Stephen, your label, Byrdout first came to our attention with Waltham Moon ('61 Revisted) last year. Can you give us little background on the label and this recording?
(Stephen Vitkovitch - SV) Walthamstow Moon ('61 Revisited) was Byrd Out's second release. I'd put Evan Parker on twice in Walthamstow, and knew he'd seen Coltrane at the old Granada Cinema here in 1961, which is now Mirth, so I suggested he do a recording which touched on that. We did the recording with Evan, John (Russell) and John Edwards in one of the 3 old cinema rooms - it used to be one big room - so technically the same space Coltrane played to. The room was full of abandoned stuff, chairs piled high! But it sounds great. The label Byrd Out started as a side project from Janus Sounds which I was running with two brothers, essentially for more financially risky events, and the label grew out of the events really. It's named after Donald Byrd.
You have a new album coming out on Feb 1 with saxophonist Binker Golding and pianist Elliot Gavin coming out soon (and reviewed here). What inspired this this release?
(SV) I saw Binker and Moses supporting Soweto Kinch in Camden a few years back, and they blew me away. I'd been trying to get them to do a show for me up in Walthamstow, but never made it work. At the same time, Byrd Out moved more towards the records space, so naturally I asked Binker if he wanted to do something, building on the Evan, John and John record. He'd been knocking some ideas around with Elliot Galvin, and we agreed to roll with that, booking a day to record at the Vortex in April 2018. Quite a lot of steps later, here we are!
Can you tell us about the current scene for improvised music in Walthamstow?
(John Russell - JR) We did Discovery in 2017 at the Rose and Crown, had around 60 musicians, and released a download only on Weekertoft. It went very well, and it makes me want to do more. The question is time, money and commitment.
There are a number of improvising musicians who live in Walthamstow, there were more, but rents went up. Obviously there's me, there's Alex Ward, he's local, Sylvia Hallett lives in Tottenham. The night tube makes Walthamstow a more attractive prospect although it's a two way street.
Walthamstow's always had a history of stuff on the fringes, like Fred Judd, and John Smith the film maker. There's always been a connection with creative arts, the question is how to pull it all together with an audience that's London wide.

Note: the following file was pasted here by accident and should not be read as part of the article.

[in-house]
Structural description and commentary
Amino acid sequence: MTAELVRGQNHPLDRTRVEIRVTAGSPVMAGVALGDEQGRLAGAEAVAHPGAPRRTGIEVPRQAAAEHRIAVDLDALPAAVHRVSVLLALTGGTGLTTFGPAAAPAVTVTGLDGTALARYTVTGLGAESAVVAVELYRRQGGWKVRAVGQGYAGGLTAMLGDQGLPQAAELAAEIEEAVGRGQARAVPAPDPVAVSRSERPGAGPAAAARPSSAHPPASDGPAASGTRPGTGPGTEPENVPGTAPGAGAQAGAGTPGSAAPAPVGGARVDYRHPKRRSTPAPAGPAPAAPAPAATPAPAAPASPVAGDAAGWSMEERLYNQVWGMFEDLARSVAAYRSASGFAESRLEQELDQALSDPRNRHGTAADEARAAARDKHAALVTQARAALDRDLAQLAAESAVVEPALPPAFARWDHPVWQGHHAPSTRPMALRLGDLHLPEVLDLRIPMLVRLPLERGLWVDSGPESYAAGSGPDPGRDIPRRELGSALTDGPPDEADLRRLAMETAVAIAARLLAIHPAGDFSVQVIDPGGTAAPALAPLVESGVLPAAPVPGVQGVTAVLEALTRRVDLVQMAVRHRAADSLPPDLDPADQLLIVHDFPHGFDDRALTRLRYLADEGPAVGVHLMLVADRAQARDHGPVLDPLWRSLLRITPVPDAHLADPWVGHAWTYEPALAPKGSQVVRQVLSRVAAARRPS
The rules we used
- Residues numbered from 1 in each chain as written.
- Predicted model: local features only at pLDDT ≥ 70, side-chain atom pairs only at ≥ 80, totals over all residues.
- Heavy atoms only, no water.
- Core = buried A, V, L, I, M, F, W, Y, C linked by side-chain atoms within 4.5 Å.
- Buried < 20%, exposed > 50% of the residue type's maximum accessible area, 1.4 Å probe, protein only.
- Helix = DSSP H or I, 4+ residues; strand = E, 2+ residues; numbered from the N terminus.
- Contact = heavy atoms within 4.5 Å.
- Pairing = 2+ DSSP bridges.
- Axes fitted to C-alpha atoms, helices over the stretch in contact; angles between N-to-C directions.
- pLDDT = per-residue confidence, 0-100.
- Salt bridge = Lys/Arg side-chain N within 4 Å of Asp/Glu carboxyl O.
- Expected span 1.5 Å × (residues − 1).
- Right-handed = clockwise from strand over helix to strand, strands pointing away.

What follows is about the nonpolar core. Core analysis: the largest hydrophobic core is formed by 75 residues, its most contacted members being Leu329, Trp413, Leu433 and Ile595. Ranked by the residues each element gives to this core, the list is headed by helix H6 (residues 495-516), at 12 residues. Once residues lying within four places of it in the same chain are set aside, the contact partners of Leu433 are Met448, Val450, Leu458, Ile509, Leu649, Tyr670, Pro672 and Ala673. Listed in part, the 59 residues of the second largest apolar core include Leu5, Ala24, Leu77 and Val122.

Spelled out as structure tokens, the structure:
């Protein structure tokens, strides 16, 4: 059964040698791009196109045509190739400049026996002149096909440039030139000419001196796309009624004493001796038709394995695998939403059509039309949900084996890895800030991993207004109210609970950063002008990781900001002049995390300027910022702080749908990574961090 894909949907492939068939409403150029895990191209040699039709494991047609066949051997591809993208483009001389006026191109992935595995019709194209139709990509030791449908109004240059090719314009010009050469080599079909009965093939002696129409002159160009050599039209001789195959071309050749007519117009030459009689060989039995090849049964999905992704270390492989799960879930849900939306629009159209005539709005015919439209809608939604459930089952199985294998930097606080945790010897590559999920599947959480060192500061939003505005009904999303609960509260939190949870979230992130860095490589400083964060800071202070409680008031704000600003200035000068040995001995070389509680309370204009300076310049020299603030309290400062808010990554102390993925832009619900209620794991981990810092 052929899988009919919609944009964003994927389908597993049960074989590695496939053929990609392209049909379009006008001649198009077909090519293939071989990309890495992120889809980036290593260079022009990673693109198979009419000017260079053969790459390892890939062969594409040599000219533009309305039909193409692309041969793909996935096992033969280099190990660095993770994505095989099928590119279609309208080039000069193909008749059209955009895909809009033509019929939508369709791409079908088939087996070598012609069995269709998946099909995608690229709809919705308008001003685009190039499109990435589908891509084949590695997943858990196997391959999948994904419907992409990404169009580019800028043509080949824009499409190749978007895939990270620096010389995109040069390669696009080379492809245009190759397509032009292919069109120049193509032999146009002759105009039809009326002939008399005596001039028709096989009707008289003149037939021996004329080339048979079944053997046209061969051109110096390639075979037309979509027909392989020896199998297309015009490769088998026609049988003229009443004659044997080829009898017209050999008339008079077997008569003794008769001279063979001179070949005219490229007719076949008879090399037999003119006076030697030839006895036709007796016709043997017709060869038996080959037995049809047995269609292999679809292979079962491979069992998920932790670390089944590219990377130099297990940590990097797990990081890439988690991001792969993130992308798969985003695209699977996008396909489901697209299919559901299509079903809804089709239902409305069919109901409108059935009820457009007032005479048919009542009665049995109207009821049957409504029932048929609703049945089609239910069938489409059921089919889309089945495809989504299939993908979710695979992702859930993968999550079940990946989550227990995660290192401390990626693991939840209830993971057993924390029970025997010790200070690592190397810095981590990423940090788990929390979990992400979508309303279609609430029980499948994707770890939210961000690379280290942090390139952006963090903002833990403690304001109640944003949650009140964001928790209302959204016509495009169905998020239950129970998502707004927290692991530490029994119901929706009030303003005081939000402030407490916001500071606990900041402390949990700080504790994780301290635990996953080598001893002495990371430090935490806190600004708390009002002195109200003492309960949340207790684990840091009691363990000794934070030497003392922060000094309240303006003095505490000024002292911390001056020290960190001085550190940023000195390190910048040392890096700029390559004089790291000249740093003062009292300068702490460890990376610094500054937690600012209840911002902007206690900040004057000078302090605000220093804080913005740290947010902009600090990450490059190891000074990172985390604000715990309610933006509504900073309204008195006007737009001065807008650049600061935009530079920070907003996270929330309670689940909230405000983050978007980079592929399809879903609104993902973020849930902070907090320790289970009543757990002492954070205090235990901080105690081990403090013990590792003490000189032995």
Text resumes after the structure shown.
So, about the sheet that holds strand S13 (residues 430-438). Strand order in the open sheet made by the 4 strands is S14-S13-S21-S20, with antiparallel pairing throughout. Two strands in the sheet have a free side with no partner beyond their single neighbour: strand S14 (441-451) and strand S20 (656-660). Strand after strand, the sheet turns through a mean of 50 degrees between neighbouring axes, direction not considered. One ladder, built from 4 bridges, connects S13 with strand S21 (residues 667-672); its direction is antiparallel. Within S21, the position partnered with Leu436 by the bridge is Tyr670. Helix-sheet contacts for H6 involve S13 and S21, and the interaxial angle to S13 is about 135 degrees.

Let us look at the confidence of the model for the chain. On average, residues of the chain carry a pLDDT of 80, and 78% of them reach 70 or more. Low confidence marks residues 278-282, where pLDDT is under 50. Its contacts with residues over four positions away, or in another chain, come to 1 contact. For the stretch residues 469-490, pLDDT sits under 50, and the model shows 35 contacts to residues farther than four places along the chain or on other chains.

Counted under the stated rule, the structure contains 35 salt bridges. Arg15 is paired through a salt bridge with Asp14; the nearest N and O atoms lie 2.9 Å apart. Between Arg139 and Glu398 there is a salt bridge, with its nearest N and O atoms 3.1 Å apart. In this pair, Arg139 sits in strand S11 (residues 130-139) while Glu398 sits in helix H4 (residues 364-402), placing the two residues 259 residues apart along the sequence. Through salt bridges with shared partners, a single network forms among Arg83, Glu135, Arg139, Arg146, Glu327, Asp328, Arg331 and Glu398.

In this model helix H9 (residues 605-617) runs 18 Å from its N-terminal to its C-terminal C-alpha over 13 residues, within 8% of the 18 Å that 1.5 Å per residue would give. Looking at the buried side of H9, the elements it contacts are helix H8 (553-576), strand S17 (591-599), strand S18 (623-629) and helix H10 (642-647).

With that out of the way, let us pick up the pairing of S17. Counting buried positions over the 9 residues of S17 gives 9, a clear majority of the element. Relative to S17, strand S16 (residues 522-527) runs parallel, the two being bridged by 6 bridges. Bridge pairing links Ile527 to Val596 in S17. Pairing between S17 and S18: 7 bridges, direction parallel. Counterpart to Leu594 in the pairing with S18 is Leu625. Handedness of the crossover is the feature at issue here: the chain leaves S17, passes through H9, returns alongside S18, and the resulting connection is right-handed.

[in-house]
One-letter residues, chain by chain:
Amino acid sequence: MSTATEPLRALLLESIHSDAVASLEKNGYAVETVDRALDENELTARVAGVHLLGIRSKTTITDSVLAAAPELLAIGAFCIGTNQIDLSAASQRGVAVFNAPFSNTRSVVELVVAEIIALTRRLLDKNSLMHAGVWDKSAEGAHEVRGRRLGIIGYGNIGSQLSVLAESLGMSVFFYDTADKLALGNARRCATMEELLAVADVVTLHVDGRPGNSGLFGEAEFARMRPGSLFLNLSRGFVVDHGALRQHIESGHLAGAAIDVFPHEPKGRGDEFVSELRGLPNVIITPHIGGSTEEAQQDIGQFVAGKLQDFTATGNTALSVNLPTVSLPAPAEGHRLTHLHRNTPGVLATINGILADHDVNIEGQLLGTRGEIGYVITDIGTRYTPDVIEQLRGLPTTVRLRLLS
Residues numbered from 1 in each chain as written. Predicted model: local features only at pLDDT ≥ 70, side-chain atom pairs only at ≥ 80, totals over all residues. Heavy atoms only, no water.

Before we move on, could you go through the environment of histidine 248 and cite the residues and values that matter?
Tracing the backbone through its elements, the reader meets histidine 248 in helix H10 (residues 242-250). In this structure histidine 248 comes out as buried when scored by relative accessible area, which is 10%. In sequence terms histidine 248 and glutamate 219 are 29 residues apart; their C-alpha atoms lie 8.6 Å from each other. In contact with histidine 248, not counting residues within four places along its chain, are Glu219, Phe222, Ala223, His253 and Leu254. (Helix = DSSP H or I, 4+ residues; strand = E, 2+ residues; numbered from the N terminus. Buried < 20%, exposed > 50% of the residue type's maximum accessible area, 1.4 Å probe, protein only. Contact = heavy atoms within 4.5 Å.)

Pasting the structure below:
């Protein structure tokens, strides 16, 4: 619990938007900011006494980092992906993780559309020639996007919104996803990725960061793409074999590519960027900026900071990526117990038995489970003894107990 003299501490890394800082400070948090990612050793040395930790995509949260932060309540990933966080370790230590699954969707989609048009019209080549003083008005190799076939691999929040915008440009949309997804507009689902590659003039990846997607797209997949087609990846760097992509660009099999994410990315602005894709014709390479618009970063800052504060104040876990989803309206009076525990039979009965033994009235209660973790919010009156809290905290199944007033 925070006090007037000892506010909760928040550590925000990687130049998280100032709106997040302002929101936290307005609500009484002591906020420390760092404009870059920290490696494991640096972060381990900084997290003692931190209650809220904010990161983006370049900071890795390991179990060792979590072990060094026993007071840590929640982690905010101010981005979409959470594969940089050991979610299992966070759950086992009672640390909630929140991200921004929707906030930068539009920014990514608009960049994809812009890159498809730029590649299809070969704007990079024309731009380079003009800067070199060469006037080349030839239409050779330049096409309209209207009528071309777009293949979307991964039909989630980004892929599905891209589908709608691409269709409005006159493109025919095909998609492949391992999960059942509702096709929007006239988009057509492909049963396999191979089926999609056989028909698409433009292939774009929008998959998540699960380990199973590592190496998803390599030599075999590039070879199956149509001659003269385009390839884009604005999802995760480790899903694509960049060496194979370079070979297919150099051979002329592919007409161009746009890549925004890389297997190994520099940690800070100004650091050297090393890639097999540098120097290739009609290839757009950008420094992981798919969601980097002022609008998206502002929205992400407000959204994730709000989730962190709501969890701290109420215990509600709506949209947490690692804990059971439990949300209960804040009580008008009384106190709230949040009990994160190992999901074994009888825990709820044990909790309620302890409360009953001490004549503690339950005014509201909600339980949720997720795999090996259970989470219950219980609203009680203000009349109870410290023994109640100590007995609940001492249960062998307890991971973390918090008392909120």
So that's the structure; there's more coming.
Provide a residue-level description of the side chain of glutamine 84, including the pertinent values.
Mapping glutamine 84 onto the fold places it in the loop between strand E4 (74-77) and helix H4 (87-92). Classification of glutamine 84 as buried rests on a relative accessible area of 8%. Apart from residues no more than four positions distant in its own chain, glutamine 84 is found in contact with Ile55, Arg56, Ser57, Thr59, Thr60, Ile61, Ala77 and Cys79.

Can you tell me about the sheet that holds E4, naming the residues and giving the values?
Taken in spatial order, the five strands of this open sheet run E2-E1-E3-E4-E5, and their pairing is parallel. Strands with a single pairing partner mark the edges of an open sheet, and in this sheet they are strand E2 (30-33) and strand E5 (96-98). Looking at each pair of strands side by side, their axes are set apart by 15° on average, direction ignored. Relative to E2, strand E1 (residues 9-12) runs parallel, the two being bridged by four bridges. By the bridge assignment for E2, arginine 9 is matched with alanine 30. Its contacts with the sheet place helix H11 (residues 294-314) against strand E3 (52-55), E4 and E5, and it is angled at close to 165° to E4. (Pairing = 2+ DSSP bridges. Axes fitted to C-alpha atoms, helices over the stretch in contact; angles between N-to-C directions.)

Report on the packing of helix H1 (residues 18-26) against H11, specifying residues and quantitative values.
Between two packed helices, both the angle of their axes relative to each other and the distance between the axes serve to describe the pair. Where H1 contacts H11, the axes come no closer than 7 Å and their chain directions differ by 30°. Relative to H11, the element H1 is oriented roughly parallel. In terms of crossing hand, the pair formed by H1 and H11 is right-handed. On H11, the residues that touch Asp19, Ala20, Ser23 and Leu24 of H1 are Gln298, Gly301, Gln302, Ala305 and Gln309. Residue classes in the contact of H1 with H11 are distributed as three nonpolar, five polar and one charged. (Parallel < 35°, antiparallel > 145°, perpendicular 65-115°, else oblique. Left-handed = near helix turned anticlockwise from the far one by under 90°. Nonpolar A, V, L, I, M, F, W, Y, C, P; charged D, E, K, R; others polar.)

Stephen, you're curating the Walthamstow Jazz Festival this year, which comes up soon in February. Can you describe your approach to the festival? What makes it stand out?
(SV) I'd wanted to put on Ginger Baker for a long time, and with Waltham Forest as London's Borough of Culture in 2019, it seemed like now or never. So I worked out how we could do it with his agent Ina, while at the same time teeing up the likes of Evan, John and Laetitia Sadier to see if they would be able to do the dates we were looking at. The Borough of Culture Team at the Council were very helpful in getting things in place, so a big thanks to them. I've tried to take a fairly broad look at jazz, although not broad enough for some - when turning down one act they told me I was "to blame for the future of jazz music", which is a bit of a backhanded compliment. And we've had some great folk get in touch to play, which has been a huge help, and bodes well for 2020. With the range of music on, 16 February should be a great day!
John, can you talk a bit about your work with the Discovery Jazz Festival, as well as Weekertoft?
(JR) Discovery was a success, but I want to do something over a period of time so people get used to the idea! Weekertoft started with Paul G. Smyth, who is based in Dublin. It's a small run thing. They're individually crafted releases - like artwork multiples, quality things. Mopomoso (John's monthly event at The Vortex) is more regular, bashing stuff out. Helen Petts has made film for the Youtube channel, so has Kostas Chondros. It's a bit more like a penny dreadful - the newspaper aspect - yesterday's paper has today's fish and chips in it.
Improvised music is unique in that the musicians and the audience share the discovery of the music as it happens. There's always been a thing with improv about recording - the event is important, that's why Discovery and Moposomo are key, including the regular workshops. From the event more crafted artifacts can come, like records!
Anything else that you'd like to add ...
(SV) Yes, we're doing a limited run compilation CD that'll be available on the day of the festival - Whisky Juliet Foxtrot - which features some of the acts. Grab it if you're coming!